On an anniversary, one normally expects calls from friends and family of mazal tov and fond wishes – but not today. Today is not the day that marks my wife and I entering into what we call marriage – although it has had almost as much impact on our life together as a couple. Today is our one year anniversary of the day when we began to choose how we want to live together. Today is our one year anniversary of living on a budget.
Looking back, it has been an incredible journey and perhaps one of the most significant steps that my wife and I ever took. About a year and a half ago, our financial lives were paralyzed by fear and guilt. We feared we were not making enough, we feared we were spending too much, and every time we spent a shekel we felt guilty. We felt financially helpless and out of control.
So I did what any logical 25 year old would do – I turned to the internet. After a quick search, I found a simple budgeting program that allowed my wife and I to track every single agorah we were spending. At the end of the month, we looked over our expenses and if they were less than our income, we figured we were going in the right direction.
But it wasn’t enough. My wife and I did not know how to use the knowledge we were compiling, and in order to have good numbers at the end of the month, our fear and guilt continued. Then one day, I ran across Dave Ramsey’s envelope budgeting system. At first I was put off; after all, I was an MBA; certainly I did not need such an elementary system to control my spending. But about a month later I came to the realization that I did not have any system for controlling my money and Dave Ramsey did, so unless I was going to make a new system, I may as well shut up and listen. I downloaded an audiobook of The Total Money Makeover and was on my way.
I listened to the entire book over a few days and began implementing immediately, albeit it with a few changes. For example, while I did not literally put the money I made into envelopes, I did develop an excel file in order to build a budget and monitor my spending (I thought I was unique; little did I know that most Dave Ramsey followers do the exact same thing). I also decided that since Israelis get paid on the tenth, it would be best to make the months from the 15th to the 14th of the following month.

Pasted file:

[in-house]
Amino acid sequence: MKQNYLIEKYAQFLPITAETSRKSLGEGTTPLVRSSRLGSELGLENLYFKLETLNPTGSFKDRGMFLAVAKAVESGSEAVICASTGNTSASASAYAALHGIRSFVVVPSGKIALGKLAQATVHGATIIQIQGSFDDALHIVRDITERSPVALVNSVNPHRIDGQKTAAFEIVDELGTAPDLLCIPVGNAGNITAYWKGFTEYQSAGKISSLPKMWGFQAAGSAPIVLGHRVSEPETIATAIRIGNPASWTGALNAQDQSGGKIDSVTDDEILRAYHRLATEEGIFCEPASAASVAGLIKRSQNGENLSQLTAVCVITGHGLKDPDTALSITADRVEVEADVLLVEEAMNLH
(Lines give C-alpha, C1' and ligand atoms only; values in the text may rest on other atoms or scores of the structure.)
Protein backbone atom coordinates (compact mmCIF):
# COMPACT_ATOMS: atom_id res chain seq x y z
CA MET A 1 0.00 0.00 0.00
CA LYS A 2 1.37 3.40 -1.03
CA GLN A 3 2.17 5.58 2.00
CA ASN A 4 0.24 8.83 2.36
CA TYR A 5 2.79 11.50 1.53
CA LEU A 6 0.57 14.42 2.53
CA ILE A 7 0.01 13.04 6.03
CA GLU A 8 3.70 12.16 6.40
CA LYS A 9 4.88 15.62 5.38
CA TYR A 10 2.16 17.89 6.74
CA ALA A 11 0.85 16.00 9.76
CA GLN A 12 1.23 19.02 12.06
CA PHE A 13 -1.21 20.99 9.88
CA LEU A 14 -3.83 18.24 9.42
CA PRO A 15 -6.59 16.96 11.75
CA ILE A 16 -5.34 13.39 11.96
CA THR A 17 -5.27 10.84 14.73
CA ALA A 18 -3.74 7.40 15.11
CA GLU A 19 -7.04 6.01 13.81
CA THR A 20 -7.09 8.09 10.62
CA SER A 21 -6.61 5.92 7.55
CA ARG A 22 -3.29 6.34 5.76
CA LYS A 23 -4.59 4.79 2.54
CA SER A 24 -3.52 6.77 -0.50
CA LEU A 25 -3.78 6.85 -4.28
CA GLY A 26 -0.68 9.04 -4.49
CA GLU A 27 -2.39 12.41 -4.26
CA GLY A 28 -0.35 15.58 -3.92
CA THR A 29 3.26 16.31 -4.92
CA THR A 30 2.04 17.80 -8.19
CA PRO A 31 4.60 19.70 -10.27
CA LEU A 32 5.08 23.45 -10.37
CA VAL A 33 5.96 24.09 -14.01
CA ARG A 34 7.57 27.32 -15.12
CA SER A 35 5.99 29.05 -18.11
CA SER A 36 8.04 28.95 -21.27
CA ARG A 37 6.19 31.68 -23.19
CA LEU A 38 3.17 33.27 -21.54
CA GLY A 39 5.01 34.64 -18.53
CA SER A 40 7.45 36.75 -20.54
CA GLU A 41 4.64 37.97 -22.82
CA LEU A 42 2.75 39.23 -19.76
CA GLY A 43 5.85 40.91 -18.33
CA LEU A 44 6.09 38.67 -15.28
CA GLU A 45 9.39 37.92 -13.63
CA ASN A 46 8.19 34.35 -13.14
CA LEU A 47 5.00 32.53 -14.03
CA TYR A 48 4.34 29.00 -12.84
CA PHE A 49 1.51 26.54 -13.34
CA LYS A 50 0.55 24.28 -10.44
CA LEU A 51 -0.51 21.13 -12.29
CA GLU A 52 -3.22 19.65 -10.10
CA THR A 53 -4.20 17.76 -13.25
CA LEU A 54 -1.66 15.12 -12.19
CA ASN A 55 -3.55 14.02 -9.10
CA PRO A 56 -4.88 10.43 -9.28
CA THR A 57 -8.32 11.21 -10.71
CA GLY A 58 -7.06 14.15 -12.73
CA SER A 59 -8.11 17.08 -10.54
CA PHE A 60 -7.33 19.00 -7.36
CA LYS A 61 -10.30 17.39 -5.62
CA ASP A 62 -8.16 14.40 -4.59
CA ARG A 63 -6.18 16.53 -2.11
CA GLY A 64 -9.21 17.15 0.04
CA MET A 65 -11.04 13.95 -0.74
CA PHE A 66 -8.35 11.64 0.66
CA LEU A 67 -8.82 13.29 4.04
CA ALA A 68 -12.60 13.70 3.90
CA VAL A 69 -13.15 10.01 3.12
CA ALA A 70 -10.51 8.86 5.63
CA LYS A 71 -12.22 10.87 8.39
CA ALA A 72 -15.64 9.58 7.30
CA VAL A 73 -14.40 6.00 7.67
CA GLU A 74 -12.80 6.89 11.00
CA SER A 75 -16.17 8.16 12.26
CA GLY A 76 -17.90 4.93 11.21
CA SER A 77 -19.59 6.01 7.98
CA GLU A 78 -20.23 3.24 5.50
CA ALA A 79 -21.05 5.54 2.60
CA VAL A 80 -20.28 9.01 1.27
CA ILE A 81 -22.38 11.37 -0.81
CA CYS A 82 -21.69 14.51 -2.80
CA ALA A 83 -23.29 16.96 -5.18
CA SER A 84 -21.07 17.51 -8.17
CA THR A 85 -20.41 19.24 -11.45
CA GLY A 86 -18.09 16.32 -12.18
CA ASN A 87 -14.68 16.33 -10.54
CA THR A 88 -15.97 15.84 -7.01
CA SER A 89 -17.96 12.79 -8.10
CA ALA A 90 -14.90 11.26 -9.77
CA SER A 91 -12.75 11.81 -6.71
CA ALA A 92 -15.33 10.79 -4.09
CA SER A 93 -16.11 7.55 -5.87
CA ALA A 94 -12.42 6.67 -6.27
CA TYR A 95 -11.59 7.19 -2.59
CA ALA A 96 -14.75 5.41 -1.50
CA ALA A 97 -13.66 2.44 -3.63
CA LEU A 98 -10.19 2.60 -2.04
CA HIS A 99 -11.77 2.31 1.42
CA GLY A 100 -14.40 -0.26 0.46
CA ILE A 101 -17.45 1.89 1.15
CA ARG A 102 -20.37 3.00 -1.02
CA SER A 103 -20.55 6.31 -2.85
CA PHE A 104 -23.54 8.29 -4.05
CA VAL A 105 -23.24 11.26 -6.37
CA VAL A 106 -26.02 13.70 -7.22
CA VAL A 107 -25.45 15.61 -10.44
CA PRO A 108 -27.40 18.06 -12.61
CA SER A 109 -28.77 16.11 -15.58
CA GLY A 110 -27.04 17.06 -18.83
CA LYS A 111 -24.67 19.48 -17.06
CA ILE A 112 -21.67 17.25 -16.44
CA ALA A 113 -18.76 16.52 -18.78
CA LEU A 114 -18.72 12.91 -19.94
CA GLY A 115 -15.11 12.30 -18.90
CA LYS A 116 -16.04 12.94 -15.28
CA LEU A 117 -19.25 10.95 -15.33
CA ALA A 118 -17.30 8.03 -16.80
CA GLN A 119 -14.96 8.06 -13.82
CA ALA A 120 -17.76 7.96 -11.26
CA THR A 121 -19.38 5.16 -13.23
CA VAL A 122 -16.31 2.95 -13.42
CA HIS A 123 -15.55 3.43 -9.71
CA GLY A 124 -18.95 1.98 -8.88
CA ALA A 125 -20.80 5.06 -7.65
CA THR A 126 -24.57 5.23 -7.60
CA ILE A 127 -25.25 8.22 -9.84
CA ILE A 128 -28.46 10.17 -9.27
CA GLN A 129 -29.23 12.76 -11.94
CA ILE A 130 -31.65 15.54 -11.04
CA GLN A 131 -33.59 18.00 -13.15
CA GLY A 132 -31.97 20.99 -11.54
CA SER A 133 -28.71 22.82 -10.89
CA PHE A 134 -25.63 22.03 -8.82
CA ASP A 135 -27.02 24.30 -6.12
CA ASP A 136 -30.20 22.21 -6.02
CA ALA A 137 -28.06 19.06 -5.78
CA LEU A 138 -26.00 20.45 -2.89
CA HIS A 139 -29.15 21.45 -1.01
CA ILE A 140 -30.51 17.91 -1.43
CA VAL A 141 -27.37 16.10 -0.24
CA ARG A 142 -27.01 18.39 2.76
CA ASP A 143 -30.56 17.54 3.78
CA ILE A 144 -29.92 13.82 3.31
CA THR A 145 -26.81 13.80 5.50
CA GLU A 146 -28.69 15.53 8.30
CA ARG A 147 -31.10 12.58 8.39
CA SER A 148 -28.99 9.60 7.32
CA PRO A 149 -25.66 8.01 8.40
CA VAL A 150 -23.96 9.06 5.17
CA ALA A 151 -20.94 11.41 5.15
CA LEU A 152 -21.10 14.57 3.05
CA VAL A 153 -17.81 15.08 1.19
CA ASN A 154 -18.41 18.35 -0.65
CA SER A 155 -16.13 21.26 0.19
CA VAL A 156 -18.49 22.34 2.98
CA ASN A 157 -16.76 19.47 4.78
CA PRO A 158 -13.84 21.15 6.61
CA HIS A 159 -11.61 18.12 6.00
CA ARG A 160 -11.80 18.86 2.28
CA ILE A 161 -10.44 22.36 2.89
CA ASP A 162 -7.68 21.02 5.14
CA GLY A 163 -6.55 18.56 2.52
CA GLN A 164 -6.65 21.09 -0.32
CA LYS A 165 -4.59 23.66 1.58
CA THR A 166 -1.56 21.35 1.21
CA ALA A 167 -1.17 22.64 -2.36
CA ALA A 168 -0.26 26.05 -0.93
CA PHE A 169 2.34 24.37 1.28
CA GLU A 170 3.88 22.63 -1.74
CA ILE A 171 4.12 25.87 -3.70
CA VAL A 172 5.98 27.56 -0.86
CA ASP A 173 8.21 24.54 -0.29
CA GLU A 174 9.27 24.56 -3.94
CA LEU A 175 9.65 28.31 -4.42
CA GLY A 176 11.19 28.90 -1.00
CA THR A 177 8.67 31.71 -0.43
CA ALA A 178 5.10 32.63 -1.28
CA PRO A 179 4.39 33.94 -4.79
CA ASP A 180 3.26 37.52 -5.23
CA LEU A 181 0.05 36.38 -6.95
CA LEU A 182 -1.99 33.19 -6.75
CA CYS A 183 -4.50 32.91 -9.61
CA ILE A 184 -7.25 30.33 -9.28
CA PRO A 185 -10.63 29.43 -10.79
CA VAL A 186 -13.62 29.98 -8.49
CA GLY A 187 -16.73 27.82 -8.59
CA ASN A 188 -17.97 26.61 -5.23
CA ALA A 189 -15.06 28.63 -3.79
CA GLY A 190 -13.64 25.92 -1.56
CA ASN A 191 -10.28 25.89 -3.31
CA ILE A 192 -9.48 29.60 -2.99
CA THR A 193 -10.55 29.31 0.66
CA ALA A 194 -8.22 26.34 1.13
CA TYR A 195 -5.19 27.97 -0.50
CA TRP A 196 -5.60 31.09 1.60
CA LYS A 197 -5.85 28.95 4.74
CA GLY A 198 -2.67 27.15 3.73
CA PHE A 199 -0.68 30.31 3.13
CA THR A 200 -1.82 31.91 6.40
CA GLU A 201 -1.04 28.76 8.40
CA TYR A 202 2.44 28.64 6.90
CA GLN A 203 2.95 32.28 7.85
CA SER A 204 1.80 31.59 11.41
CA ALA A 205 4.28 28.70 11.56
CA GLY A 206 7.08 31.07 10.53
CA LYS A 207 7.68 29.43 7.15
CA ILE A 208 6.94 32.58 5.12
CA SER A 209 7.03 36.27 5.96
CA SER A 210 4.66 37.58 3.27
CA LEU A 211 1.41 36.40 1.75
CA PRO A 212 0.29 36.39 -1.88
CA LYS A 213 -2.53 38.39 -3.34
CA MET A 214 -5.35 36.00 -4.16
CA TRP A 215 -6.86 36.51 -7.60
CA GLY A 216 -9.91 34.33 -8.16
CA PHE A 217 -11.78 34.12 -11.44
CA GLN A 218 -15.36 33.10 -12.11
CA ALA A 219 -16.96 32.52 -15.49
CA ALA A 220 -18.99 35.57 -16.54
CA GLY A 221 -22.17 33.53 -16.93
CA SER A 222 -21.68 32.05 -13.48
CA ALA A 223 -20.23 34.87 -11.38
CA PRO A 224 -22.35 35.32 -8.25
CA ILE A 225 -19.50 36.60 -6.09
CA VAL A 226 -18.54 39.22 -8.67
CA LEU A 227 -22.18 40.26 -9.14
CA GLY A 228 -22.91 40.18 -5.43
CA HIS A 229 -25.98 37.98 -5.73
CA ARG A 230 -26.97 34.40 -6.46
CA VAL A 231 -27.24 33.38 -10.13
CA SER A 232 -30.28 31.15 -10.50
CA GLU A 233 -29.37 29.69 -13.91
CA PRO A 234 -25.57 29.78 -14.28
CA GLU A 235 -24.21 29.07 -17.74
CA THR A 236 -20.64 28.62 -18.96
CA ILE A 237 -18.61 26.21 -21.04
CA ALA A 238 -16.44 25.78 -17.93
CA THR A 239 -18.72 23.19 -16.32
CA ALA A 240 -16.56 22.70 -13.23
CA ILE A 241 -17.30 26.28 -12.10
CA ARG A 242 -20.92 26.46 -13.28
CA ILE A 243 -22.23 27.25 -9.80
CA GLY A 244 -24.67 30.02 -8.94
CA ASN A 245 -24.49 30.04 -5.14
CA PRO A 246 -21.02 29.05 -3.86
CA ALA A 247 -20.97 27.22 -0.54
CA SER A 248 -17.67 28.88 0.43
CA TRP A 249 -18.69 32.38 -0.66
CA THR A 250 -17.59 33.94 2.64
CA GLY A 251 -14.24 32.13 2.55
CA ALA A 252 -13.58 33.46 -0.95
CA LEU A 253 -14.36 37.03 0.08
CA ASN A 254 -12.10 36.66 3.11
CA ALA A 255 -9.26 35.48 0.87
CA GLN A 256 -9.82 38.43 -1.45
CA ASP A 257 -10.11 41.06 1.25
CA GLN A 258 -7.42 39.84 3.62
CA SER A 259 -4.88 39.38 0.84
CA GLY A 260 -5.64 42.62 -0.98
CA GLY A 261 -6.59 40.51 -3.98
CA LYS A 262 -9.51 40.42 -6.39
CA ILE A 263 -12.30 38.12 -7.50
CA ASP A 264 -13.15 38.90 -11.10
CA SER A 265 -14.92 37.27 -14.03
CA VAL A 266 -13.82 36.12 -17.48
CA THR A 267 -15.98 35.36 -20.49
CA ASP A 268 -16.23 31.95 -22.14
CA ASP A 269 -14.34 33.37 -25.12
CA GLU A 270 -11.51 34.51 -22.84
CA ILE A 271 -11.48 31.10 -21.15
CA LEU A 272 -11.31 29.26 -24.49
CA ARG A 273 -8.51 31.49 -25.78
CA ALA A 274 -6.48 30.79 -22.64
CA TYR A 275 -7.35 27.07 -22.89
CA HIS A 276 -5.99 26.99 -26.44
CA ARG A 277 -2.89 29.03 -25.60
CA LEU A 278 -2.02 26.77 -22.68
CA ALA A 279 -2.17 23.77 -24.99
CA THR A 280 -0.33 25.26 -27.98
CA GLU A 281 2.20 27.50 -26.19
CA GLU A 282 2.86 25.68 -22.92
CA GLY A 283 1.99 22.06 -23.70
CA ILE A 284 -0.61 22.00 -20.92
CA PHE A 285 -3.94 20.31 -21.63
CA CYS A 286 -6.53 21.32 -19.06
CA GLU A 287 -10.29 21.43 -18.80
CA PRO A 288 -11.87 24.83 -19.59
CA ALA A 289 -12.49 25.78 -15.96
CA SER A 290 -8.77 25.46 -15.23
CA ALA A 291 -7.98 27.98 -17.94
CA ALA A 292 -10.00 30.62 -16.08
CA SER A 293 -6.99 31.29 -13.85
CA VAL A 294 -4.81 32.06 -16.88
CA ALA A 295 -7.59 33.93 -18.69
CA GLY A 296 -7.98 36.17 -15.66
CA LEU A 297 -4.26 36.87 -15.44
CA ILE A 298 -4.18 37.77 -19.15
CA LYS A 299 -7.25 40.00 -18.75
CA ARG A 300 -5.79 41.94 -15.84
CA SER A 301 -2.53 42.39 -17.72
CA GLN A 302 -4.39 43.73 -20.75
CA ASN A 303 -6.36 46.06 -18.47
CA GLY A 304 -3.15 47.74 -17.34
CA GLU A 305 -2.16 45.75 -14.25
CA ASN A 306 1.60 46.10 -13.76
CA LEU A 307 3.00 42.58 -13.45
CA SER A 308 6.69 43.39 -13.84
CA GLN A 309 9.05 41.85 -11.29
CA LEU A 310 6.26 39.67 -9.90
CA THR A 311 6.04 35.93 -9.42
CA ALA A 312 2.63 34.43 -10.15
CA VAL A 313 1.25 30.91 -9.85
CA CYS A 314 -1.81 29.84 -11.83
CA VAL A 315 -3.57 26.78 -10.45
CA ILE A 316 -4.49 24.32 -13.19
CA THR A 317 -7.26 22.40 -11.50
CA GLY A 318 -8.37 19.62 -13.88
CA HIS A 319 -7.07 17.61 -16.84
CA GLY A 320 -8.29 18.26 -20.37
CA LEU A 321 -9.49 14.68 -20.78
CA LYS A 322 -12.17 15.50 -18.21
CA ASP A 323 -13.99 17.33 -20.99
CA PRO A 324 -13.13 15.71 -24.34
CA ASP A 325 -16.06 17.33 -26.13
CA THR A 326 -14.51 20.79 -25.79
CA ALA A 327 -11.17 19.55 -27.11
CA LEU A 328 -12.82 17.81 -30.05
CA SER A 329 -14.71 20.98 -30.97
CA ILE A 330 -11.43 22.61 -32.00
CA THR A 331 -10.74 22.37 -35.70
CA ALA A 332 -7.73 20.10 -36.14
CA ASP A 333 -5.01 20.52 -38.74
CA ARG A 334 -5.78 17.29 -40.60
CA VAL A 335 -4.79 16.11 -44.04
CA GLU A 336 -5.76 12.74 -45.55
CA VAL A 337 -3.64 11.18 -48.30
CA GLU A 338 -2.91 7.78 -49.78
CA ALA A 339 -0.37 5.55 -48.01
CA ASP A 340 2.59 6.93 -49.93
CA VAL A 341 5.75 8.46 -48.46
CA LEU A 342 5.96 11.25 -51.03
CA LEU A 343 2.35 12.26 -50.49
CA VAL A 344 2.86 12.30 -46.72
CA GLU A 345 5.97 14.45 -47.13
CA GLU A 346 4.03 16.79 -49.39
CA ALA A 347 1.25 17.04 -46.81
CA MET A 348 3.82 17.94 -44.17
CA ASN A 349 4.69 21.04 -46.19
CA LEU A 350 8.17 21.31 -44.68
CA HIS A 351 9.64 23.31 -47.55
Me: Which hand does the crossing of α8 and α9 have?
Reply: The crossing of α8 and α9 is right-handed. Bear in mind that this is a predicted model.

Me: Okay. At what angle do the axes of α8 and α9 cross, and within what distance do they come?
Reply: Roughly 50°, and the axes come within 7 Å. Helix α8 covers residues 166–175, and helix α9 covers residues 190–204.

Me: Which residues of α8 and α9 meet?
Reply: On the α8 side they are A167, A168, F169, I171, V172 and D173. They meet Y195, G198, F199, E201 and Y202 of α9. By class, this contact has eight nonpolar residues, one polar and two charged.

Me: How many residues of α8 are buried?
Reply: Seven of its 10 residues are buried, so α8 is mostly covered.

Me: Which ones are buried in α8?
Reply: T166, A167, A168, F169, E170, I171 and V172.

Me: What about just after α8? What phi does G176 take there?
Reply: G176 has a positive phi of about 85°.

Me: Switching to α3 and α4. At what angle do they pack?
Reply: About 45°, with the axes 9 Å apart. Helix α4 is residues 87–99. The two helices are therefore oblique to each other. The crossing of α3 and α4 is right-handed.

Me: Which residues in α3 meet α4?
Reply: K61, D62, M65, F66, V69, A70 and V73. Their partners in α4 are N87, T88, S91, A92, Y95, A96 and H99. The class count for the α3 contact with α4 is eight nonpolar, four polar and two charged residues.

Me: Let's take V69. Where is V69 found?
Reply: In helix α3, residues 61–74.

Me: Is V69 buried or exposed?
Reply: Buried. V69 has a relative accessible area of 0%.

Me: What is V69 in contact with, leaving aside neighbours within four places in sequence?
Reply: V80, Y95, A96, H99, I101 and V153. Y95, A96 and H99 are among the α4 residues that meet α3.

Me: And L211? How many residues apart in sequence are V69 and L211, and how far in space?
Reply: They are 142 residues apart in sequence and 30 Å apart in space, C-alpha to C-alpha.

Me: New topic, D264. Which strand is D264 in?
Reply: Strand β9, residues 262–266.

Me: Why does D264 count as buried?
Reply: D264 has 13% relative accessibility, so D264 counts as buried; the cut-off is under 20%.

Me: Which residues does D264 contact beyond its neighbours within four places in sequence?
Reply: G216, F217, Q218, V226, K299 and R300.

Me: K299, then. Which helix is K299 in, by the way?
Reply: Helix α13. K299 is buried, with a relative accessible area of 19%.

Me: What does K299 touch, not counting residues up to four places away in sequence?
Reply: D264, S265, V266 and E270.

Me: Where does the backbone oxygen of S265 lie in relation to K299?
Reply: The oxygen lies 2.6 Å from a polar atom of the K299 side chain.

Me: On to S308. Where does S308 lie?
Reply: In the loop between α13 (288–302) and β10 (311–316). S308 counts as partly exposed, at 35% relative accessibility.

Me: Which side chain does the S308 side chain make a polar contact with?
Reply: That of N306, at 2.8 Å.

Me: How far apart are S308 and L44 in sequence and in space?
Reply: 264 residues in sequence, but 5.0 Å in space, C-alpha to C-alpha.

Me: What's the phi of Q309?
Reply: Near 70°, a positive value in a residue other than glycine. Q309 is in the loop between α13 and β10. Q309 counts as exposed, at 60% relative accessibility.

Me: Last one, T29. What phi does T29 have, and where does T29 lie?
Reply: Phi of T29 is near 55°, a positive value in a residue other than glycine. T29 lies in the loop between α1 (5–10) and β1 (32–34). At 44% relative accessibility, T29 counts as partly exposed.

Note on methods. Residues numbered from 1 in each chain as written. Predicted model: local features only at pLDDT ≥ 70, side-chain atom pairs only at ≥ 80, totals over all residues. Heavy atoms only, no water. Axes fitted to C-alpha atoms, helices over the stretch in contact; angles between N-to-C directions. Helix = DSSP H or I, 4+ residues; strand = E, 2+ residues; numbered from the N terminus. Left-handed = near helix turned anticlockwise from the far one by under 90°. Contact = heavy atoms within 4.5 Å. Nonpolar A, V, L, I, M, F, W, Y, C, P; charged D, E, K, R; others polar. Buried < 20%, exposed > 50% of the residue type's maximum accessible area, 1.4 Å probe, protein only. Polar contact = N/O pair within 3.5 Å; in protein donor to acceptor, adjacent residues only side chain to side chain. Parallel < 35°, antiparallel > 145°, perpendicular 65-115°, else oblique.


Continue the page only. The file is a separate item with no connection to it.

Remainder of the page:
Soon after, my wife and I sat down to build our first budget. The entire process took around 10 minutes, which is much less than I had expected. But our first attempt was far from perfect. There were a few times in that first month when we had to call an emergency budget meeting and decide what to move from one budget line into another, but life happens. The important thing is that we decided what to do with our money and built a life plan around it.
Knowing that we are spending money we have and that we are in control of our financial lives is a absolutely fantastic. We know when we should cut back, we know when we can spend more, we know when we can give and we know how to adjust our lives to make room for the things we want.
Does this make us rich? Of course not. Money still has to be made; being a nice couple on a budget doesn’t pay the bills. But a budget has given us control over our finances, peace of mind, and has allowed us to plan our life together (as much as man can without God laughing…)
To celebrate this one year anniversary, and because my old excel workbook is full, I made a new Excel workbook for budgeting.
PS – I think it would be interesting it shadchanim would ask a potential couple to build a budget and live by it for a month. I think it would do a lot more insightful than the typical laundry list of questions.
PPS – As usual, if there are any problems with the Excel sheet, please email me at firstname.lastname@example.org and I’ll try to fix it as soon as possible.